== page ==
Leading Article: The Italians can teach us something about referendums

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The Independent Culture
THE FAILURE of Sunday's referendum in Italy to abolish proportional representation (PR) is first and foremost a blow to referendums - though, through the distorting lens of British politics, some may mistake it for a blow to PR.

Although 90 per cent of the voters favoured abolition, only 49.6 per cent of the eligible electors bothered to cast their vote. The Interior Ministry therefore declared the referendum invalid, as the quorum of 50 per cent plus one vote was not achieved. Referendums are not simple tests of public opinion.

Opponents of PR have often cited Italy as an example to show the dangers of a proportional system. But Italians have built an economy as successful as our own. Italy's postwar political mess was not the fault of PR; it was the product of the determination of the Western Allies to block the Italian Communist party from ever being in power. Romano Prodi recently showed what the Italian political system was capable of despite the supposed problem of PR. Mr Prodi, as Italy's Prime Minister, guided the Italian lira into membership of the single European currency against all the predictions of the readers of political coffee-grounds.

What the Italian vote does do is to throw a light on the increasingly important part that referendums are playing in shaping the future of this country. The British political system has only recently taken to this constitutional novelty. Memories of Hitler's abuse of the Weimar constitution led politicians to regard them as a demagogue's tool until the Seventies.

Although unnecessary under our parliamentary system, referendums have now become Labour's favourite means of giving its decisions a bit of extra legitimacy. However, there needs to be something more than the ad hoc system that currently controls their use, if they are not to cause more confusion than clarity.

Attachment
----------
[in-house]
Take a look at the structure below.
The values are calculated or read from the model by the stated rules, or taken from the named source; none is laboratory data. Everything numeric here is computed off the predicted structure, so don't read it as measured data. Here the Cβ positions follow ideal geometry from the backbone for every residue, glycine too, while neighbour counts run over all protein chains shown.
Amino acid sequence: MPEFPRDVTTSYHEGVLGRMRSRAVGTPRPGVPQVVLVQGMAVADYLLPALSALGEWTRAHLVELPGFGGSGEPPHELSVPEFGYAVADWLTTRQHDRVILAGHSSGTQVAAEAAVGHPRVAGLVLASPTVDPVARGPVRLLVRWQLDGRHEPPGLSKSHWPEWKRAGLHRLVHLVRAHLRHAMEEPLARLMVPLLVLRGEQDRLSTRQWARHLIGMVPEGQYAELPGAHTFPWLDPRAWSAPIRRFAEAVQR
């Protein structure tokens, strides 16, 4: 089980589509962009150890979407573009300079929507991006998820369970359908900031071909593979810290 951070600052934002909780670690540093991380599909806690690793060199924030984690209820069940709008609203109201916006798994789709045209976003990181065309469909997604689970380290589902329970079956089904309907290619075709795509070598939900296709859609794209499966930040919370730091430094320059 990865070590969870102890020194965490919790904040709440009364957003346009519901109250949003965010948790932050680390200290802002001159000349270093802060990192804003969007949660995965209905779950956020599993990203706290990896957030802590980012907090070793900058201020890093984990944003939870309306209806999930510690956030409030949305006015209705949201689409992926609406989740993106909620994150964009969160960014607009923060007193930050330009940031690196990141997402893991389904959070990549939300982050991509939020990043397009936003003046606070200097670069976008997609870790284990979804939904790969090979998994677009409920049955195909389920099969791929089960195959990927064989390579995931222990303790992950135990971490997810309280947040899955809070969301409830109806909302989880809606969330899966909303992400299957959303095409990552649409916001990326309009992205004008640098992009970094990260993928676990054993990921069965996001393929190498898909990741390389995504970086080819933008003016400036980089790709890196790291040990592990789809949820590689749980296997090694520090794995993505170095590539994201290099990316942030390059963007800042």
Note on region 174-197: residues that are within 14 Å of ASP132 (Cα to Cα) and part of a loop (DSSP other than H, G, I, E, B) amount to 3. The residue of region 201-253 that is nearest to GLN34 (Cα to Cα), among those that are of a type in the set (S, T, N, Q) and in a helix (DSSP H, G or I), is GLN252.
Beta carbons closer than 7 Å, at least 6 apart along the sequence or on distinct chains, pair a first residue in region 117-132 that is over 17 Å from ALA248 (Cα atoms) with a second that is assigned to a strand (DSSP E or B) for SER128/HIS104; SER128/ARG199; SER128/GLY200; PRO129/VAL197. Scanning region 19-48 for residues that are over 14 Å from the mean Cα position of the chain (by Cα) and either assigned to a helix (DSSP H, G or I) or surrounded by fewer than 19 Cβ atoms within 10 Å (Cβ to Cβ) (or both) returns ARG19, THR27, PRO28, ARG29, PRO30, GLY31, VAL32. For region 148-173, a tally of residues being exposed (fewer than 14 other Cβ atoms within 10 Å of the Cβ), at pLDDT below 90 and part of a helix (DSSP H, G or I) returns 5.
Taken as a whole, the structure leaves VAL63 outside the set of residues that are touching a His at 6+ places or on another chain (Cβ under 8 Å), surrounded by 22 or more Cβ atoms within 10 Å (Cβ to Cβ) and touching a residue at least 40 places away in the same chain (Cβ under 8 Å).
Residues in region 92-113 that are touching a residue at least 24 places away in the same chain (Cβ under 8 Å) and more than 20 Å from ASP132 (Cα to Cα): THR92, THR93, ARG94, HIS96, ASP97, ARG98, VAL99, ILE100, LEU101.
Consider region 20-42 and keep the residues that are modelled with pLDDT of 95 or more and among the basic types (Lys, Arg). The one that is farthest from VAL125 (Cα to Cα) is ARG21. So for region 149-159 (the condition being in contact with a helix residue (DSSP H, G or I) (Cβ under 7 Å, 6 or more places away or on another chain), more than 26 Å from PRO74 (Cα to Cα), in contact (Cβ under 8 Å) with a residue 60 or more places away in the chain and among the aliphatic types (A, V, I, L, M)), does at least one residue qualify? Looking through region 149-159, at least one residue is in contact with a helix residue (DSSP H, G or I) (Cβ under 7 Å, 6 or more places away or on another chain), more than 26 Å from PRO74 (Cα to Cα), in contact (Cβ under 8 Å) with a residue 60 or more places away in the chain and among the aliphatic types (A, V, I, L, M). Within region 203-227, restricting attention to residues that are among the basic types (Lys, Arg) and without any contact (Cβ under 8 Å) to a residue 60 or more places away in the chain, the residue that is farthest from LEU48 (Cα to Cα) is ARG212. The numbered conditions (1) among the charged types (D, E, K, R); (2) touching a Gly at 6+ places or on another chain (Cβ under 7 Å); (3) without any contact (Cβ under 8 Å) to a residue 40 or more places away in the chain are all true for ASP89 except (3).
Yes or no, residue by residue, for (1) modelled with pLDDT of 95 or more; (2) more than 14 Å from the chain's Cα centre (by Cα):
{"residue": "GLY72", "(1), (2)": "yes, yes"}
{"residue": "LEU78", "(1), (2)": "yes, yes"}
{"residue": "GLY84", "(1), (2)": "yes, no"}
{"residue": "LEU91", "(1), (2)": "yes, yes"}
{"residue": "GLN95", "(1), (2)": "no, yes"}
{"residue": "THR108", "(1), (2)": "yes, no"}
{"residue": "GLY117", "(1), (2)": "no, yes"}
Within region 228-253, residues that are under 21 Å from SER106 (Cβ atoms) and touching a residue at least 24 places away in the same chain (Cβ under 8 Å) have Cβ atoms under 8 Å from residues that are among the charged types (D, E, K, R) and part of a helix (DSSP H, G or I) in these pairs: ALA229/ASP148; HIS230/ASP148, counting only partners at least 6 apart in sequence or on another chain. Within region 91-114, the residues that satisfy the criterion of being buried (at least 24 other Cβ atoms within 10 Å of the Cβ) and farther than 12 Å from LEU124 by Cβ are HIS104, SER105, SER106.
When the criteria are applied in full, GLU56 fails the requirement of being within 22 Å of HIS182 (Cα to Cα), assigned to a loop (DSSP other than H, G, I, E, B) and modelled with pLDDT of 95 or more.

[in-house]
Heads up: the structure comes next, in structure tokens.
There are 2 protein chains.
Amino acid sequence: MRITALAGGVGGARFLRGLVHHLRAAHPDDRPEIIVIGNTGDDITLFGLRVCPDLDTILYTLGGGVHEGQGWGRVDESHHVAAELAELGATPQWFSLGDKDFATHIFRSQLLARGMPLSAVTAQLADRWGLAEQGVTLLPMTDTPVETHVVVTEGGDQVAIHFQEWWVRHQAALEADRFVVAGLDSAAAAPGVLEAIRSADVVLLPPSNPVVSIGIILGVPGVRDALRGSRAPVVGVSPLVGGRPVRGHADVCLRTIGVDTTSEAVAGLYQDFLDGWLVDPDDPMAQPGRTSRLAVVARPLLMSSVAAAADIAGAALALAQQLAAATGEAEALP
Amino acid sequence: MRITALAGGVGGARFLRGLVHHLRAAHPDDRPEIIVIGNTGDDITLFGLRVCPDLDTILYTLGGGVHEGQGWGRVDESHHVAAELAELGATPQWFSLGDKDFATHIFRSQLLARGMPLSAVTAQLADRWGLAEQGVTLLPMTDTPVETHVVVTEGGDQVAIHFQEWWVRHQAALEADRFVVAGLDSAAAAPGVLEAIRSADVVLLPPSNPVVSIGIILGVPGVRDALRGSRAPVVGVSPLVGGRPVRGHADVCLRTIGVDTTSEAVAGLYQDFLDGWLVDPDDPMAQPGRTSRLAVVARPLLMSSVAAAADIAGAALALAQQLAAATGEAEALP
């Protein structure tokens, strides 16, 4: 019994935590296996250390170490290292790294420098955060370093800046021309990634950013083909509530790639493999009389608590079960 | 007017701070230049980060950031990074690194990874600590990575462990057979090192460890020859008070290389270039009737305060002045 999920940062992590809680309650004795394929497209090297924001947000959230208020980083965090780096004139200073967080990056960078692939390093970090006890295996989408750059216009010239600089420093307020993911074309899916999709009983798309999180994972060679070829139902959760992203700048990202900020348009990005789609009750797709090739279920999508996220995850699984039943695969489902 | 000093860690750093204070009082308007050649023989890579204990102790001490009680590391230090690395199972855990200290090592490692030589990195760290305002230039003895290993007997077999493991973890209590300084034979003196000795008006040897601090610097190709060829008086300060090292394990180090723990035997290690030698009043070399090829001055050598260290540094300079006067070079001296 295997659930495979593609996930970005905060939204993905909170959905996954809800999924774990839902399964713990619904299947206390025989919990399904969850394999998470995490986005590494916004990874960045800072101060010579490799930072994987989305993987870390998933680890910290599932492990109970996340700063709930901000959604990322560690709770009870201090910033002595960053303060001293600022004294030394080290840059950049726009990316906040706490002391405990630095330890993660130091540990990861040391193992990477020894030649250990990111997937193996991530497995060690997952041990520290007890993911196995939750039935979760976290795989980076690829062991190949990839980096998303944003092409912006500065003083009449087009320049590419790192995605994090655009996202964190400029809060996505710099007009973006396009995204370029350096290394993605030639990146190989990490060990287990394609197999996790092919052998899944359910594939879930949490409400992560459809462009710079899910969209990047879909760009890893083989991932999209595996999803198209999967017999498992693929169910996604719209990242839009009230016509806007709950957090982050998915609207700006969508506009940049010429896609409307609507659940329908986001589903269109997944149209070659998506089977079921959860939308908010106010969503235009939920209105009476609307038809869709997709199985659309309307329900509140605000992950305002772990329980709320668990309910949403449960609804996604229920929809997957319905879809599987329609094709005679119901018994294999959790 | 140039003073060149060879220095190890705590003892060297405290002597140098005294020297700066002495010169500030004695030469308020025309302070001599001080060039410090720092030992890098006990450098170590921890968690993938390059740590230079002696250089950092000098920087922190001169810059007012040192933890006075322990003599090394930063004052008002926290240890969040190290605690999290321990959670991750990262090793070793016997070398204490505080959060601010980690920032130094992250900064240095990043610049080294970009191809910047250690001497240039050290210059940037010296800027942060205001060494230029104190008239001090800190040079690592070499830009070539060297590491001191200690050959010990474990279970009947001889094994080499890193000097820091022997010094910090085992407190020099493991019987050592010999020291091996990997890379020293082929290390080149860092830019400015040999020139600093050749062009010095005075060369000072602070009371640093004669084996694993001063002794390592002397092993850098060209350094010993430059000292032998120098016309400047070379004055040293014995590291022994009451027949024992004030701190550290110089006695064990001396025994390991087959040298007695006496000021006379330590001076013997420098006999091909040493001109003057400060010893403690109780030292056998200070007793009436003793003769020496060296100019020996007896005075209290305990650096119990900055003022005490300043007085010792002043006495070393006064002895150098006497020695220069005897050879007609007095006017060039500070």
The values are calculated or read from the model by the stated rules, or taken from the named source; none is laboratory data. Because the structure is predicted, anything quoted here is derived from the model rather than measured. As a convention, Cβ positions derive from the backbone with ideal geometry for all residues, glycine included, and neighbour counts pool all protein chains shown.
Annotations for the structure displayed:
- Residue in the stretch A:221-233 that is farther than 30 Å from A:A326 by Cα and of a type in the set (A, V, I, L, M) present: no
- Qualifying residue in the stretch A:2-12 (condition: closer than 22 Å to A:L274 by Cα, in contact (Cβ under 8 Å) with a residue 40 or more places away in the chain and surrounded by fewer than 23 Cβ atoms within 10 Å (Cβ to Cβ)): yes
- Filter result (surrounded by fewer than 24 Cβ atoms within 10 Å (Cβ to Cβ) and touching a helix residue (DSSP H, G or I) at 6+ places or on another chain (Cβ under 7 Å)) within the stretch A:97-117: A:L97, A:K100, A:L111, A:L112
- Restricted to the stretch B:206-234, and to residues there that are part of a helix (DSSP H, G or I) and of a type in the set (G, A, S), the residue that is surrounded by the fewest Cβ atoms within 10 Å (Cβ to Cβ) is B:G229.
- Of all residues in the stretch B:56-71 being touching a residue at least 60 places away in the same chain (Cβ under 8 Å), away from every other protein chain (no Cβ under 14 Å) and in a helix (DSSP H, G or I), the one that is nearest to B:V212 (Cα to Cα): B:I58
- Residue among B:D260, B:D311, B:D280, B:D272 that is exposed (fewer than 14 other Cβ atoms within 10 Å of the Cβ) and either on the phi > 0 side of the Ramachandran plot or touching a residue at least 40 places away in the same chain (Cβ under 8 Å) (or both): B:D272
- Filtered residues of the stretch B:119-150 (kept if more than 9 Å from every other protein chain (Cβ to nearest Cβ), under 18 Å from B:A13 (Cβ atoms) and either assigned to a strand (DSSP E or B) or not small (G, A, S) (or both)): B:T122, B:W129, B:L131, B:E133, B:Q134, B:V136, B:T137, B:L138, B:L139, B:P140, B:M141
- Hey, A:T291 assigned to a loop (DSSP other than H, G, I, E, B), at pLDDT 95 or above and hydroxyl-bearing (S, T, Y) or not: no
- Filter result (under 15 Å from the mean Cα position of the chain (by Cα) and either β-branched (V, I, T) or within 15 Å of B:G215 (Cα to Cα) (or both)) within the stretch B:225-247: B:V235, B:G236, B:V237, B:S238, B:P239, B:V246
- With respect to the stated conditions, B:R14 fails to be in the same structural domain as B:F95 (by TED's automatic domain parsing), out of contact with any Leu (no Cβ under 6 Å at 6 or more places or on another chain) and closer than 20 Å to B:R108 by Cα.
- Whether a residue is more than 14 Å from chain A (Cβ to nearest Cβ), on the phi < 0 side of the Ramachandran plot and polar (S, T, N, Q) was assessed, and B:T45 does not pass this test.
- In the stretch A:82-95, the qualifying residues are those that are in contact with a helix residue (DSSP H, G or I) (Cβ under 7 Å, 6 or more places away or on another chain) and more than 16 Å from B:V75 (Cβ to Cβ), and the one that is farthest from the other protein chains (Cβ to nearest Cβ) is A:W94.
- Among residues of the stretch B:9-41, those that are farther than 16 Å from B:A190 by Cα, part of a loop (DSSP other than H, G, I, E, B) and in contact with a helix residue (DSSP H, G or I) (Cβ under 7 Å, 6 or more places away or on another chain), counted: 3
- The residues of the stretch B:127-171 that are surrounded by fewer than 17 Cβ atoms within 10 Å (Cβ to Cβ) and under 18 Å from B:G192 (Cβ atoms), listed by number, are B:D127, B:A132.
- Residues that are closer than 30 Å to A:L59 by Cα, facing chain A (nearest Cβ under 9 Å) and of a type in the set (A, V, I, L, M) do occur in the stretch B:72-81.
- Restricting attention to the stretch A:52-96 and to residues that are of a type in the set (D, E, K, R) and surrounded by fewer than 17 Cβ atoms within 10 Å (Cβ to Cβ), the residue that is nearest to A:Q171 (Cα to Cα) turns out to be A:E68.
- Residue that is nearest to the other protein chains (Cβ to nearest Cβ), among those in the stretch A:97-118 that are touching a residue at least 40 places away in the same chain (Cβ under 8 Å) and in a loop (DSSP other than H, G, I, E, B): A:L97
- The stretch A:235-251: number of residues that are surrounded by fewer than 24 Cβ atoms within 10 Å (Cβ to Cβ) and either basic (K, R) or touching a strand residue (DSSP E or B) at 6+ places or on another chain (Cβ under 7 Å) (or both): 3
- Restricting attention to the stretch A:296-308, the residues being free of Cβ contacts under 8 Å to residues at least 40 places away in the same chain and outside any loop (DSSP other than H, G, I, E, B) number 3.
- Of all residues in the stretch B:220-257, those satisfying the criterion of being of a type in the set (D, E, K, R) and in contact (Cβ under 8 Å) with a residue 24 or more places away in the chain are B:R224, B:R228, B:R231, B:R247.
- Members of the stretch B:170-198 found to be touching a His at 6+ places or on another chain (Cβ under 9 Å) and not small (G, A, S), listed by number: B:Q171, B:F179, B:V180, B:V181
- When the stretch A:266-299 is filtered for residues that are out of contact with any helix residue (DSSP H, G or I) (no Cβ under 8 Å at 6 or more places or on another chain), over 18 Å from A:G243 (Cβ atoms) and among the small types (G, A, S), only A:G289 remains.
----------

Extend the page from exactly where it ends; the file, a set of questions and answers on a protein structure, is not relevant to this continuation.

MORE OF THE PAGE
The problems that can arise are illustrated by the Scottish referendum of 1979. The Cunningham amendment to the Scotland Act required 40 per cent of the electorate to vote in favour of the devolution proposal, in order for it to be carried. Despite the fact that most voters were in favour of devolution, low turn-out ensured its defeat. The requirement of 40 per cent of the electorate in favour of a proposal is a useful brake on the whims of politicians, especially where, as in the UK, there is no written constitution.

The Scottish, Welsh and London referendums of the past two years must lead to the conclusion that the process of referendums needs to be strictly regulated. In the Welsh referendum last spring the pro-assembly vote won only 50.3 per cent of about 60 per cent of the electorate. The government of the day can skew the results of a referendum with ease, both through choosing the way in which the question is put - notice how a government always promotes the "yes" answer - and through the information (for which read propaganda) that the government puts out.

The long parliament of the Conservatives led to the erosion of the political impartiality of the Civil Service. Labour, with its spinning and doctoring of the truth, has done little to restore the Civil Service to its pristine condition. It is necessary to have an independent electoral commission that would regulate both how the questions were put and how the information was presented. Politicians must also decide whether referendums should have more than an advisory role. There seems little point in holding them unless their results are binding.

In the next few years the country can expect referendums on Scottish independence, and on sterling's entry into the euro. These votes will be difficult enough without the country being permanently riven by suspicions about the fairness of the vote. The Government should work quickly to set up an electoral commission.